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Technology Law AnalysisJuly 21, 2023
Cybersecurity guidelines for Government – How are private entities affected?
The Indian Computer Emergency Response Team (“CERT-In”) and Ministry of Electronics and Information Technology (“MeitY”) have issued detailed Guidelines on Information Security Practices for Government Entities (“Guidelines”)1 in furtherance of the objective of creating a safe and trusted internet. This follows the broader directions on cybersecurity which were issued by CERT-In in April 2022 (“Directions”)2 (applicable to all service providers, intermediaries, data centres, body corporate and Government organisations), and the CERT-In Rules from 2013.3
Notably, the Guidelines are only applicable to Central government organisations and their associated organisations including all Ministries, Departments, Secretariats and Offices4, their attached and subordinate offices, all government institutions, public sector enterprises and other government agencies under their administrative purview (“Government Entities”). There are wide-ranging guidelines which have been prescribed for Government Entities ranging from measures to be taken for network and infrastructure security, identity and access management, securing cloud services, and user awareness and training.
IMPACT ON PRIVATE PARTIES WHILE CONTRACTING WITH GOVERNMENT ENTITIES
While the Guidelines apply primarily to Government Entities, they can have a considerable, although indirect, impact on private entities which contract with any Government Entities. The section on third party access and outsourcing are especially noteworthy. The key guidelines under this section are as follows:
The Government Entity should ensure restricted access to information for third party service providers, and should share such information only after executing a non-disclosure agreement.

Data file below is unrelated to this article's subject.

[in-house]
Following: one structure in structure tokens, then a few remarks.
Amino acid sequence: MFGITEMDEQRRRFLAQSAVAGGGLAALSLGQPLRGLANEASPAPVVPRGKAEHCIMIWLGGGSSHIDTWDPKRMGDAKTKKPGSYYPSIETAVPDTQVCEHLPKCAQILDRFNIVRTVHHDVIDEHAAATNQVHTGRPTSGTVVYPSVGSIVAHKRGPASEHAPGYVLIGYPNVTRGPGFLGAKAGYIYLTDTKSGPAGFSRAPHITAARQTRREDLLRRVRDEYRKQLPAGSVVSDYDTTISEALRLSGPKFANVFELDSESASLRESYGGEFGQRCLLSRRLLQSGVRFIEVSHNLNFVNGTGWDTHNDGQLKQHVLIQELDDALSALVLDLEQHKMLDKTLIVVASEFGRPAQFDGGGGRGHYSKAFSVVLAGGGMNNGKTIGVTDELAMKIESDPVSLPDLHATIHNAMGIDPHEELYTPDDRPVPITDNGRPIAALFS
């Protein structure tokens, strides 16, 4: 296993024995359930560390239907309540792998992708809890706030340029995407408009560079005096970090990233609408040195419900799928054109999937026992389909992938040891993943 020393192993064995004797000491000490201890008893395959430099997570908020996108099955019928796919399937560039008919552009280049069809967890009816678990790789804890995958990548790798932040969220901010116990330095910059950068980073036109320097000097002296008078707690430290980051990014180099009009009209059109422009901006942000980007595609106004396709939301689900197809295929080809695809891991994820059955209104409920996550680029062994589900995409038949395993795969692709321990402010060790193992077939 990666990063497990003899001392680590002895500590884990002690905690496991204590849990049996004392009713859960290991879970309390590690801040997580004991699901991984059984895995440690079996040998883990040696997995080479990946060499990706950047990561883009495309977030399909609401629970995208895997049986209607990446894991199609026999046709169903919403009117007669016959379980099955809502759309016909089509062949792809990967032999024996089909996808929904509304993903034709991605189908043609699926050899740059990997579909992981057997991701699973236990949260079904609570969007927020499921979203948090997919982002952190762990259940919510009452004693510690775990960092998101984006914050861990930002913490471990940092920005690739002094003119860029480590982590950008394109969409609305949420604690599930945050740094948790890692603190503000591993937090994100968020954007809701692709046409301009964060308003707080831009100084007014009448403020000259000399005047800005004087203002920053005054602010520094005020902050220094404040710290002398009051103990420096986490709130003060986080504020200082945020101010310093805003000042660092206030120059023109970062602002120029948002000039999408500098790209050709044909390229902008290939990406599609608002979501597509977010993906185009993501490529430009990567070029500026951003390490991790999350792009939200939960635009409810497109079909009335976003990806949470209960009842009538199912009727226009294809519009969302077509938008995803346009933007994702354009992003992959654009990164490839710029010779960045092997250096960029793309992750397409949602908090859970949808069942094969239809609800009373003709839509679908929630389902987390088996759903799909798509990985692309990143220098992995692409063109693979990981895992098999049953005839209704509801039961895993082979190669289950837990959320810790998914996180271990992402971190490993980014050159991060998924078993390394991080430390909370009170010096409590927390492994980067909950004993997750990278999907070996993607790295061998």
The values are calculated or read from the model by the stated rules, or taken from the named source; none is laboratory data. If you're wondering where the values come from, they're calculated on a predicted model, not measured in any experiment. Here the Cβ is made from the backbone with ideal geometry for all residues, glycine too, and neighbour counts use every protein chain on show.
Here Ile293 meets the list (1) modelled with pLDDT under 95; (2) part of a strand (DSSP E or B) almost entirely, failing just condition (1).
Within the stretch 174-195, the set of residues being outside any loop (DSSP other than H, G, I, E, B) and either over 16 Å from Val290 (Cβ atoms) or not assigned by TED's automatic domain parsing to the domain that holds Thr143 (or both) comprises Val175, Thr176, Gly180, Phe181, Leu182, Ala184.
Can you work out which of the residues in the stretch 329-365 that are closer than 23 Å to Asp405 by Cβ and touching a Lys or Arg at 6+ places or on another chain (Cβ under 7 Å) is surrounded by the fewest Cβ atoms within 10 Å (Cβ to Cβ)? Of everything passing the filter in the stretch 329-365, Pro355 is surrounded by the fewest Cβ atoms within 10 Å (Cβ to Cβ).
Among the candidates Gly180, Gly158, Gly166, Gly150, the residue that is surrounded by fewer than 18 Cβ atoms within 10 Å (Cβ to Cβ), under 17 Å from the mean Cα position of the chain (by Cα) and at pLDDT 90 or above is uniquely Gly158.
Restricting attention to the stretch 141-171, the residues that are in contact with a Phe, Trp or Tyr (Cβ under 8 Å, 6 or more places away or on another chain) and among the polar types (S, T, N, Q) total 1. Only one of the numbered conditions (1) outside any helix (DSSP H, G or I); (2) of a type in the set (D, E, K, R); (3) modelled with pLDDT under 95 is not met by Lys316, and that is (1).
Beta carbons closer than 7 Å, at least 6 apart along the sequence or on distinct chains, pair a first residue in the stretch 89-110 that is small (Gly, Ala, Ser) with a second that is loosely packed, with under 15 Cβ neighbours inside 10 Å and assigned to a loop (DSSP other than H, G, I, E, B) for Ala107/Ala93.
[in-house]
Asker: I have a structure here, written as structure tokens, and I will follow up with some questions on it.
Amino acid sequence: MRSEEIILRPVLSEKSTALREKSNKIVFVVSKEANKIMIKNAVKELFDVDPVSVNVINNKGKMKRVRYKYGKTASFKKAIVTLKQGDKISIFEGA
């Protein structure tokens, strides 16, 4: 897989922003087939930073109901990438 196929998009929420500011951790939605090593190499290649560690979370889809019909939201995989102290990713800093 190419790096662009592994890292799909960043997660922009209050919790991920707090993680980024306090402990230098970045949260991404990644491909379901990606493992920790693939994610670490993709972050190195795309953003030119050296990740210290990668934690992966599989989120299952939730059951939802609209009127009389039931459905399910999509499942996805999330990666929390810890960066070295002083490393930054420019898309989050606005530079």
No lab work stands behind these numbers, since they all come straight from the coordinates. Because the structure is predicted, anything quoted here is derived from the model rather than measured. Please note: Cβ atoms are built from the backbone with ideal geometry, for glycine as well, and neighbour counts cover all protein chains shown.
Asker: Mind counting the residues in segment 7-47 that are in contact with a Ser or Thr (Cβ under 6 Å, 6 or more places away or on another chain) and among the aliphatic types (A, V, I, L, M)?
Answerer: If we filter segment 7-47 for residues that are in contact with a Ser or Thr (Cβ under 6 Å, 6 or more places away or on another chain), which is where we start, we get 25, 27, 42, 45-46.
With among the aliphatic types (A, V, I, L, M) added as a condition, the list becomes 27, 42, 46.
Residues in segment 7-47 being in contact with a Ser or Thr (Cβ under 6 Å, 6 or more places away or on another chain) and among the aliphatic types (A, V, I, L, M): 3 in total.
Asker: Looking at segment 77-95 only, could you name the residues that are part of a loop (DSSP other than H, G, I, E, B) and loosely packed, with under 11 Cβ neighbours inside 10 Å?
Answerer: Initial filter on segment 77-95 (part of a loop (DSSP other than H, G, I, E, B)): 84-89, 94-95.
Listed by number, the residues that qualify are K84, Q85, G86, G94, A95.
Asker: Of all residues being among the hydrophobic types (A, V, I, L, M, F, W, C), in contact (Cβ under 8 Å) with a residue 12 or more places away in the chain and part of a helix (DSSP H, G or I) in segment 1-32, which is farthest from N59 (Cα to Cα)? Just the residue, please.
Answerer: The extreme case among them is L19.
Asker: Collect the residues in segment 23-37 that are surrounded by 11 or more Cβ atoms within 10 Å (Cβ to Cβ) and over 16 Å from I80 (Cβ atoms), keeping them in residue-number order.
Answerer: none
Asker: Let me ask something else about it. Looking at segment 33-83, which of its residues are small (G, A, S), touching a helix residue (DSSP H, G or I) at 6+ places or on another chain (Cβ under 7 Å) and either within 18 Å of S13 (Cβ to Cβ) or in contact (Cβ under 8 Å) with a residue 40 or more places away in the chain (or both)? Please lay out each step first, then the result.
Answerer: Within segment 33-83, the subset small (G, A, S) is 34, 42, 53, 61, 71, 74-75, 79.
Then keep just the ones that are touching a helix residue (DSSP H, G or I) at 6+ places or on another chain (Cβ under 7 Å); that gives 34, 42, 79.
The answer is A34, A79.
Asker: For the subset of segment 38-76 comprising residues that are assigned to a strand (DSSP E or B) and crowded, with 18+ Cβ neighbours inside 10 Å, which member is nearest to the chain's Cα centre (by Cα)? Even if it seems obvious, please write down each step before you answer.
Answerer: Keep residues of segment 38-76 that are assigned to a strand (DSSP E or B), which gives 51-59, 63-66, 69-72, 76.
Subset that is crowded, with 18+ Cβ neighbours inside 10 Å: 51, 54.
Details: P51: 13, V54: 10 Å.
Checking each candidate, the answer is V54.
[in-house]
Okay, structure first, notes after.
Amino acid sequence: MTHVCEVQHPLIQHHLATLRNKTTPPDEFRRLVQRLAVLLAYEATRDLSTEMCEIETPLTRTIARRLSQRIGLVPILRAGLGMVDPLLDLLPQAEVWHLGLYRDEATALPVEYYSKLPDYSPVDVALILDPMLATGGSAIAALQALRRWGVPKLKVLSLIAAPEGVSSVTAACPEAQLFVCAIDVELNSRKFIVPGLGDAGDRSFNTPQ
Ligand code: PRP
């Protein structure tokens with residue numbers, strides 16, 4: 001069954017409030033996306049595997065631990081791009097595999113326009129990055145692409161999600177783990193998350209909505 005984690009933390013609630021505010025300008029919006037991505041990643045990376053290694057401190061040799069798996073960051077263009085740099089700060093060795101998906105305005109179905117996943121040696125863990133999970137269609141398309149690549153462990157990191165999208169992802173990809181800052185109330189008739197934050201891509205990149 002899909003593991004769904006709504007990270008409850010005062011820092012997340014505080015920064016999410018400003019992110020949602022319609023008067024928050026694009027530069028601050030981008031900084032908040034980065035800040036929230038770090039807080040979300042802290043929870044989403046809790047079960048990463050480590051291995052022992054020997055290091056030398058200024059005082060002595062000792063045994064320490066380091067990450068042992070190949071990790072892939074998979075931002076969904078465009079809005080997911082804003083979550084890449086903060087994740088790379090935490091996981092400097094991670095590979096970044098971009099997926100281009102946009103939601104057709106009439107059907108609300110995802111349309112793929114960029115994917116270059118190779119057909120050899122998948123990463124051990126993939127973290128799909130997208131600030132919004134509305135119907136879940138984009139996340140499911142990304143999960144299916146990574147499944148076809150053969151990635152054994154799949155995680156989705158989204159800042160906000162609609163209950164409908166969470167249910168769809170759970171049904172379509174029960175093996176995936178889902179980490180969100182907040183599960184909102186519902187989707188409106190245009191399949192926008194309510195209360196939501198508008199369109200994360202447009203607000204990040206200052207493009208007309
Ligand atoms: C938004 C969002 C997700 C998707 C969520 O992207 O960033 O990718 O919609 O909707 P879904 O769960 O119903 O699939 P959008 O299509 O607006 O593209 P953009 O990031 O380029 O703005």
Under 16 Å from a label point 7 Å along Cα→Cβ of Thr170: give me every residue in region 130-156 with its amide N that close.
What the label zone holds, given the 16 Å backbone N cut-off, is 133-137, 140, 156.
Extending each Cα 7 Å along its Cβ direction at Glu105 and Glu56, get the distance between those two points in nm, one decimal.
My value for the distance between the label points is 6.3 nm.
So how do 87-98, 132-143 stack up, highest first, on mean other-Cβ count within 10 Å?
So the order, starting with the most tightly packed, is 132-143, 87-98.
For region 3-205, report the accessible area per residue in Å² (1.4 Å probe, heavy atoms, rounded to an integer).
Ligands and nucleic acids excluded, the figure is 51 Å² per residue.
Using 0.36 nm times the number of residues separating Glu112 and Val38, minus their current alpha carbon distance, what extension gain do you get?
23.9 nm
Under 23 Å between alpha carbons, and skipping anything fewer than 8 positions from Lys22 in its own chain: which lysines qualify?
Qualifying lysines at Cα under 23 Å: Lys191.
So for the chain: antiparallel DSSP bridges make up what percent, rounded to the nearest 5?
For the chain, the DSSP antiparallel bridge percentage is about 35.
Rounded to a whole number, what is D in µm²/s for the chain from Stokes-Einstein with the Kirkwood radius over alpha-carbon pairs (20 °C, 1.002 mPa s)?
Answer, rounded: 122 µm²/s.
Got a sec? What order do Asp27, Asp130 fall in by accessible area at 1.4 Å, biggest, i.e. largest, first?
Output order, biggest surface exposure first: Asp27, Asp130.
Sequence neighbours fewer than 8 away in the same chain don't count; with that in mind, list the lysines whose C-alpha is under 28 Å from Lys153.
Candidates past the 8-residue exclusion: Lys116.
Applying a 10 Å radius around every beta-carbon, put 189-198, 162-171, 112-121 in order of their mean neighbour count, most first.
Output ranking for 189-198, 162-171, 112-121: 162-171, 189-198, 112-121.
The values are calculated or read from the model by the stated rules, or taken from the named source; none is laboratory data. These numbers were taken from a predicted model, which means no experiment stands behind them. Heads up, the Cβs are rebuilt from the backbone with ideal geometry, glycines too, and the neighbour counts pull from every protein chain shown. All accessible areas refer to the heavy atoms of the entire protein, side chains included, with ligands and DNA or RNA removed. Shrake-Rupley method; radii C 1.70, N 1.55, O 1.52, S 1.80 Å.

The agreement must specify information security requirements to be complied with by such service provider, including at least:
General policy on information security;
Procedures to protect organisational assets;
Restrictions on copying / disclosure;
Controls to ensure return of information/assets in the vendor’s possession after termination / expiry of the contract;
Right to audit contractual responsibilities either by itself or through third parties;
The right to monitor and the right to terminate services in the event of a security incident; and
Arrangements for reporting, notification and investigation of security incidents and breaches.
The service provider must also provide:
their information security audit report to the Government Entity on a periodic basis or on request.
detailed list of all components of the software (including open source) / solution in the form of Software Bill of Material (SBOM).
Information on any identified vulnerabilities in the system to the Government Entity within a reasonable time period.
The service provider must ensure protection and confidentiality of the data collected and processed by it, and should ensure that it is not shared with any third parties in the absence of express consent or an agreement with the Government Entity. Such data should also be provided to the Government Entity as and when required.